Quickly escape an engagement to a safe location (another unit, a fort, a city, or a town). A rearguard will try to keep the enemy at bay and skirmish. An unsuccessful retreat may turn into a rout, which will disorganize the army and cause straggling and desertion, plus loss of morale. All the units taking part in a battle (including reinforcements) will be tied to that engagement until concluded and cannot be reinforced in other battles.
If you take command in a battle, once the fighting is concluded, you will return from the battle level back to the campaign as soon as the battle starts. The units involved will then be locked in the combat for as long as the battle lasts, which can be multiple days. This mechanism allows multiple player-controlled battles to take place concurrently. A cunning commander may try to lure enemy reinforcements away with a feint attack while the main body engages with some delay simultaneously.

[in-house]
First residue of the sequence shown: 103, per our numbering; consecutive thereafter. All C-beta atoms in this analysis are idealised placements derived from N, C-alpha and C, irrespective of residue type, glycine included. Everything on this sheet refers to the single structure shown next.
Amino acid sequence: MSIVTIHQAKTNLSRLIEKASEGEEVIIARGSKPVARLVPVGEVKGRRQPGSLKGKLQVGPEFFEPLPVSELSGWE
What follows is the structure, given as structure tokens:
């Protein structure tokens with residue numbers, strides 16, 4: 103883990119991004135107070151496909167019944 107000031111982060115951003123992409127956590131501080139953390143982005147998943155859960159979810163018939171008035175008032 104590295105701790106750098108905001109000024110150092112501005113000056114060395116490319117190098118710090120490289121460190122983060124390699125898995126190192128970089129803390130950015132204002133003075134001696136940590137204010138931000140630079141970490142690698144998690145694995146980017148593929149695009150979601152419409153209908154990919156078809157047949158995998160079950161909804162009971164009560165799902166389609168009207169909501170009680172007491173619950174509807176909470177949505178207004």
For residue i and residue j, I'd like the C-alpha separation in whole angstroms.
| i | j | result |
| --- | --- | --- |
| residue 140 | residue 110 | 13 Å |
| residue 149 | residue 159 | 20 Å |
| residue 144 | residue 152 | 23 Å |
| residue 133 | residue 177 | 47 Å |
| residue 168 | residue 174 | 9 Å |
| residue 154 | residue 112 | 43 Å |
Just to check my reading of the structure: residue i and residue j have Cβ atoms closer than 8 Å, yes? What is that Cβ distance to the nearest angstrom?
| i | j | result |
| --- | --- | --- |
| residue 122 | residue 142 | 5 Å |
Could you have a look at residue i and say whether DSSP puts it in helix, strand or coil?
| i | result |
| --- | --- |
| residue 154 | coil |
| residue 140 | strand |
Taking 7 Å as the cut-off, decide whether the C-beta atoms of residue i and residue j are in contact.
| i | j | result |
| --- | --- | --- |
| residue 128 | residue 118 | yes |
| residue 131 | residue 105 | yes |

Auto-resolved combat takes into account a wide variety of data from the opposing armies, including the personalities of the commanders, and these battles can last multiple days as well.
An ongoing battle is depicted on the campaign map by the units firing at one another. The engaged units are shown with crossed sabers on the NATO symbol, indicating the units are locked in this battle and unavailable in others. In the above image, Pope’s army has engaged a fort, garrisoned by Stewart’s division, besieging it.
A 3-D monument will appear on the site of the battle, and a balance bar is shown. The monument will offer tooltips about the engagement, and the balance bar shows who has the advantage in the battle. The NATO symbol of your unit will show the estimated victory chance and expected duration of the battle.
Monuments depicting major engagements will be left on the map to remind players of these great battles. Monuments of insignificant battles will eventually be removed from cluttering the map. The same is true with naval engagements.